- The Washington Times - Thursday, January 11, 2001

Operating under its first budget increase in six years, the National Endowment for the Arts announced today that $20.4 million will be given through 825 grants to theater, dance and art groups around the country.

Twenty-six grants totaling $1.1 million will be given to art groups in the District of Columbia, including $30,000 to the Woolly Mammoth Theatre Co. for its production of "In the Blood" by Susan Parks. One of the larger grants of $100,000 will go to the Phillips Collection to support a touring exhibition on the work of Jacob Lawrence.

The Arena Stage will get $50,000 to support productions of "Constant Star" by Tazewell Thompson and "Tom Walker" by John Strand, both American playwrights. Gallaudet University will receive $30,000 for "The Deaf Way II," an international festival on the arts in July 2002. The National Symphony Orchestra will get $150,000 for a residency program in Oklahoma this March.

The Dance Place on Capitol Hill will receive a $20,000 grant for a series of performances and residencies. A $70,000 grant will go to Americans for the Arts, a lobbying group, to create the Public Art Network. Pilobolus Inc., another dance company, will get $10,000 for a work to premiere during the 2002 Olympic Games in Salt Lake City.

Other grants include $100,000 to the Alvin Ailey American Dance Theater for a national tour to 30 cities this year and $60,000 to the American Ballet Theatre to fund a one-act ballet, "The Pied Piper."

In Alaska, $20,000 will go to the Anchorage Concert Association to support a residency of the Moscow Festival Ballet. The project includes performances and classes connected to two full-length ballets: "Giselle" and "Don Quixote."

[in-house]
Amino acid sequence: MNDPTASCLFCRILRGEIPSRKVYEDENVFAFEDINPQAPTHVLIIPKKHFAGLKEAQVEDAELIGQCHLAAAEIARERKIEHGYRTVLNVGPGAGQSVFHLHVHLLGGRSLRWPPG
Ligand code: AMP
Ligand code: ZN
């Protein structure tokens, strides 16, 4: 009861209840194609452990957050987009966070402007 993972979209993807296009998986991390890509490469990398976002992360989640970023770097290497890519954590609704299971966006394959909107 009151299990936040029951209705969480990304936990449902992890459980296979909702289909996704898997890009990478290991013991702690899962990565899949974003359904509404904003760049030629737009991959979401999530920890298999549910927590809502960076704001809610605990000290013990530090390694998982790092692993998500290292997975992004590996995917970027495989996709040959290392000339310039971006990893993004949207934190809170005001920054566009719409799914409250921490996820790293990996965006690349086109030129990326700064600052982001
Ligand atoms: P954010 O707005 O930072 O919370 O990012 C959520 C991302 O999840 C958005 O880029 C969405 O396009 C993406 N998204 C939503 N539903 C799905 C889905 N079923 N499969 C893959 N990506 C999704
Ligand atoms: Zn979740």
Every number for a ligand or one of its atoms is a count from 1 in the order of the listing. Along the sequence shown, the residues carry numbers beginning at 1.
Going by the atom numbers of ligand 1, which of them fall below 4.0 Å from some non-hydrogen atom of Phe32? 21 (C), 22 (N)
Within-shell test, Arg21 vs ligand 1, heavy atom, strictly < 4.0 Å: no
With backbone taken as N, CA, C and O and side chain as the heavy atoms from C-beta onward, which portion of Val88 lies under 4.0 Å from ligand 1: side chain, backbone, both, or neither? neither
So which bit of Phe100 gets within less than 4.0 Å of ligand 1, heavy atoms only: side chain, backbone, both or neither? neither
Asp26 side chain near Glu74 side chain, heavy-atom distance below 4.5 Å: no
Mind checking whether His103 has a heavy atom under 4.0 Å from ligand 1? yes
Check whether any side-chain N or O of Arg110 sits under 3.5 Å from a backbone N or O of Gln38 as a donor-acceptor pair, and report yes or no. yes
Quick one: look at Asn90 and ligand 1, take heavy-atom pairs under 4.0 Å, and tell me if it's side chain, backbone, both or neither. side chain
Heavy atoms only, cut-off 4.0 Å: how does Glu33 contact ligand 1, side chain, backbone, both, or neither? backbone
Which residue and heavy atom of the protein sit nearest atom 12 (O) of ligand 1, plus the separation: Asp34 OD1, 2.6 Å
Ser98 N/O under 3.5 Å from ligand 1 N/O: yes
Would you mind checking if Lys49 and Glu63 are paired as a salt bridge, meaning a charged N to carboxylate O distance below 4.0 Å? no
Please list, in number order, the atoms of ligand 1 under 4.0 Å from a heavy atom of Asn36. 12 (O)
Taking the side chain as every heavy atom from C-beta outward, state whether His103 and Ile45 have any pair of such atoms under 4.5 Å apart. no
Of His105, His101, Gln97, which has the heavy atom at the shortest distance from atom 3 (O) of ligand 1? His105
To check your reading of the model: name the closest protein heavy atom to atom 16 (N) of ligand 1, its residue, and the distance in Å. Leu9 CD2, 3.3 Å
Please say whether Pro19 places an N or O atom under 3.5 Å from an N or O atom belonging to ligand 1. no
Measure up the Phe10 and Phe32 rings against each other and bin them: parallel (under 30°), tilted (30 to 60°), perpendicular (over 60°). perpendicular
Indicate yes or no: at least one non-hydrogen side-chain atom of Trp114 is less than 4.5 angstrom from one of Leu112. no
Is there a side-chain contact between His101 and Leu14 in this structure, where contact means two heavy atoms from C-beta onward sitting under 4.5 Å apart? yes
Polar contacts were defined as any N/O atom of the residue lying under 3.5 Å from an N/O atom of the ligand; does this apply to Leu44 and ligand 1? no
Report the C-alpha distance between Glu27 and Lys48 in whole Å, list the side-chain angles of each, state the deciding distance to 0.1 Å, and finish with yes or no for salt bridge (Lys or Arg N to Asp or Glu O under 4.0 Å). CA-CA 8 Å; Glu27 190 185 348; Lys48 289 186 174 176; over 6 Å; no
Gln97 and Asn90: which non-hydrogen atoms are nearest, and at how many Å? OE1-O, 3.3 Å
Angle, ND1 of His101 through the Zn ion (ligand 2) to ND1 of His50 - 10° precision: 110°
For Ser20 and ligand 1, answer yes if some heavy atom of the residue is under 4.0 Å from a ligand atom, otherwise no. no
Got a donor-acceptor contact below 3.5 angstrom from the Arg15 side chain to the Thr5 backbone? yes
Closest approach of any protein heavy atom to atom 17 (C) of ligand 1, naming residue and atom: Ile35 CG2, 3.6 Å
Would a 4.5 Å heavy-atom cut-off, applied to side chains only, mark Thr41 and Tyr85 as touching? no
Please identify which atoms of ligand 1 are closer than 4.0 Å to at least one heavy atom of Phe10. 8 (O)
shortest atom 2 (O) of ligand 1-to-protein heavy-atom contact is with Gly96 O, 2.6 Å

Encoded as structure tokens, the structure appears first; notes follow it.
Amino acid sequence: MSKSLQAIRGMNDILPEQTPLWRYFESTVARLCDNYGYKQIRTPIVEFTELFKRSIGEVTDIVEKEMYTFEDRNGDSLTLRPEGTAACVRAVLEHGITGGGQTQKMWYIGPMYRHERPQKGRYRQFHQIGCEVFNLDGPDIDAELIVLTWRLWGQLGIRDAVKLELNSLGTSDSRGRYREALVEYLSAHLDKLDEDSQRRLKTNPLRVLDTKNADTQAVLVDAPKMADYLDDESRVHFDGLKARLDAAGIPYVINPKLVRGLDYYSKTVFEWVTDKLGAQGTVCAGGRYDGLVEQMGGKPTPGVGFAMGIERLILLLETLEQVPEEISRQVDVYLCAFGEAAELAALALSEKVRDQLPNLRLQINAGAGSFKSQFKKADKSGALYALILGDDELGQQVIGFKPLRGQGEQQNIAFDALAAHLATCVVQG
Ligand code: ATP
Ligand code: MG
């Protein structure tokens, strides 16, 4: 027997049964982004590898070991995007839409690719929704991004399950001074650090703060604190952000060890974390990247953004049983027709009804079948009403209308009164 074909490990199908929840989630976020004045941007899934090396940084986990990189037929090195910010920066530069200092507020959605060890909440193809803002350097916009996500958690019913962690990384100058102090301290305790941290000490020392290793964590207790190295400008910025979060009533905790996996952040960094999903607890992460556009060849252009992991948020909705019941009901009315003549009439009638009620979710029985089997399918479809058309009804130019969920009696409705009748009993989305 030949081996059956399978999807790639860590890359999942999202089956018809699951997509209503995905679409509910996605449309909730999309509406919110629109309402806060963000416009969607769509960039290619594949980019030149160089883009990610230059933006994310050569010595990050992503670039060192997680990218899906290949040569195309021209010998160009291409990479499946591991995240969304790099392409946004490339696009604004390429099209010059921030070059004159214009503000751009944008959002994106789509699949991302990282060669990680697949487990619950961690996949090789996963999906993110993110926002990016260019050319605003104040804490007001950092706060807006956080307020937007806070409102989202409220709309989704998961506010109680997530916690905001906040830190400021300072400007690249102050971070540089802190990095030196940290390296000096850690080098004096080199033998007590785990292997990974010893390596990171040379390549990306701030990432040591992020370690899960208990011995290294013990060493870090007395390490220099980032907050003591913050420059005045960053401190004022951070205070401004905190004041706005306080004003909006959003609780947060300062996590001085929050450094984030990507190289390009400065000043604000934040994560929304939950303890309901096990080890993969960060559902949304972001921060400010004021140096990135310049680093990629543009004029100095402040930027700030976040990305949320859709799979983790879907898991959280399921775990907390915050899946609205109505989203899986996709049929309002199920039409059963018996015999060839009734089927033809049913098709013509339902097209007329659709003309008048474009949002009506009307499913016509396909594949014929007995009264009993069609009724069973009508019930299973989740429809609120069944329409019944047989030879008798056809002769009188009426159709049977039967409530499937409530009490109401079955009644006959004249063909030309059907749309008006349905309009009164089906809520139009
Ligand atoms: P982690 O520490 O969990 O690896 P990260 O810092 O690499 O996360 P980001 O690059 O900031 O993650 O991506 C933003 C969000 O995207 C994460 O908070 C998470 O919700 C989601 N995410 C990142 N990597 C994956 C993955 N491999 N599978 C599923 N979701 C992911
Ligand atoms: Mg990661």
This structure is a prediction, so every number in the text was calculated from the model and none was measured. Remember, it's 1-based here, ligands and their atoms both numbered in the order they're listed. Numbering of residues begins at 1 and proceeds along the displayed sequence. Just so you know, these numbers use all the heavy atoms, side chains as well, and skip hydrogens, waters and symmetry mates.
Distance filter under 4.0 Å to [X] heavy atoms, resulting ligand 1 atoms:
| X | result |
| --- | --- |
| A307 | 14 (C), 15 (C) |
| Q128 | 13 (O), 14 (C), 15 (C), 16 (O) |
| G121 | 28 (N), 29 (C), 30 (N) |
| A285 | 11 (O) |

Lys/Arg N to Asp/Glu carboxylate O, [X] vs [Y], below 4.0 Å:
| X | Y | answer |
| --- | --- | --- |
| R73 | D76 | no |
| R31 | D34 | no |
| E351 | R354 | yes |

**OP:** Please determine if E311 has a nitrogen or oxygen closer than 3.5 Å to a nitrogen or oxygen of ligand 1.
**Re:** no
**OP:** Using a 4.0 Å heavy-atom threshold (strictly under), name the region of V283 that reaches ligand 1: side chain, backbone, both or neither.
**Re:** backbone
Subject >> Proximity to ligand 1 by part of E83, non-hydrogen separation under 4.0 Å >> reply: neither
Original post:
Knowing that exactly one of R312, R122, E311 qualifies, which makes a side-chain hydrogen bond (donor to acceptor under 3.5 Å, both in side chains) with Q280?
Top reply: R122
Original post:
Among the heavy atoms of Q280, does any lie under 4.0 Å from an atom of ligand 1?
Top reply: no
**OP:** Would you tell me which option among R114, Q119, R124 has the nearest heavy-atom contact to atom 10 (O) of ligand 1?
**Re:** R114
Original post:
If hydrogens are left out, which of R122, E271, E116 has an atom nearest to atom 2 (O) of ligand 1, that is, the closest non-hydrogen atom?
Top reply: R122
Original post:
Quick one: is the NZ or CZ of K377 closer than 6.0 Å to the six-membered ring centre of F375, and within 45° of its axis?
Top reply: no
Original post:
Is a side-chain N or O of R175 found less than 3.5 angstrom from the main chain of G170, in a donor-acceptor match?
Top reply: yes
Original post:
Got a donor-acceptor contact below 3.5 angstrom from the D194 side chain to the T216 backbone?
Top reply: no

CultureWorks Ltd., a Philadelphia company, will get $25,000 to support a four-hour radio documentary on the life of jazz artist John Coltrane. A Chicago film company, Kartemquin Educational Films, will receive $47,000 to shoot a documentary, "Refrigerator Mothers," on mothers of autistic children.

Perhaps the most unusual grant is a $20,000 award that will go to the Redmoon Theater in Chicago for some workshops and its seventh annual All Hallows' Eve Ritual Celebration.

A few institutions that have aroused the ire of members of Congress will receive grants as well, but all for mainstream-sounding projects. Women Make Movies, a Manhattan-based film distributor that has been criticized by Rep. Peter Hoekstra, Michigan Republican, for its lesbian-themed offerings, will get a $20,000 grant for "Hula Beyond Hawaii," a documentary about Hawaiians living on the mainland.

The Walker Art Center in Minneapolis, which came under heavy criticism in 1994 for a sadomasochistic art performance indirectly funded by the NEA, will get $55,000 for an artist residency project.

The Kitchen, a Manhattan theater, will receive $35,000 for a consortium project with a Massachusetts company. The Kitchen and its parent company, Haleakala Inc., has featured explicit acts by feminist and homosexual performers.

Grants will go to several Maryland groups, such as the Liz Lerman Dance Exchange in Takoma Park, which will get $20,000 for "Hallelujah," a dance creation involving a Web site, videos, an artist training institute and travel costs for dancers. The Puppet Company in Glen Echo will receive $6,000 for the design and remounting of two puppet repertory pieces.

In Virginia, the Richmond Ballet will get $10,000 to support the commissioning of a new work by choreographer Kirk Peterson. The University of Virginia will receive $25,000 to support a series of public readings and writing workshops at black colleges and universities around the country.

Two other grants have been earmarked for works produced by black artists. The Virginia Museum of Fine Arts in Richmond will get $60,000 for a touring exhibit on the work of Martin Puryear. Hesperus, an Arlington group, will be given $7,500 for a concert next month that traces nearly 400 years of African-American music in Latin America, the Caribbean and North America.

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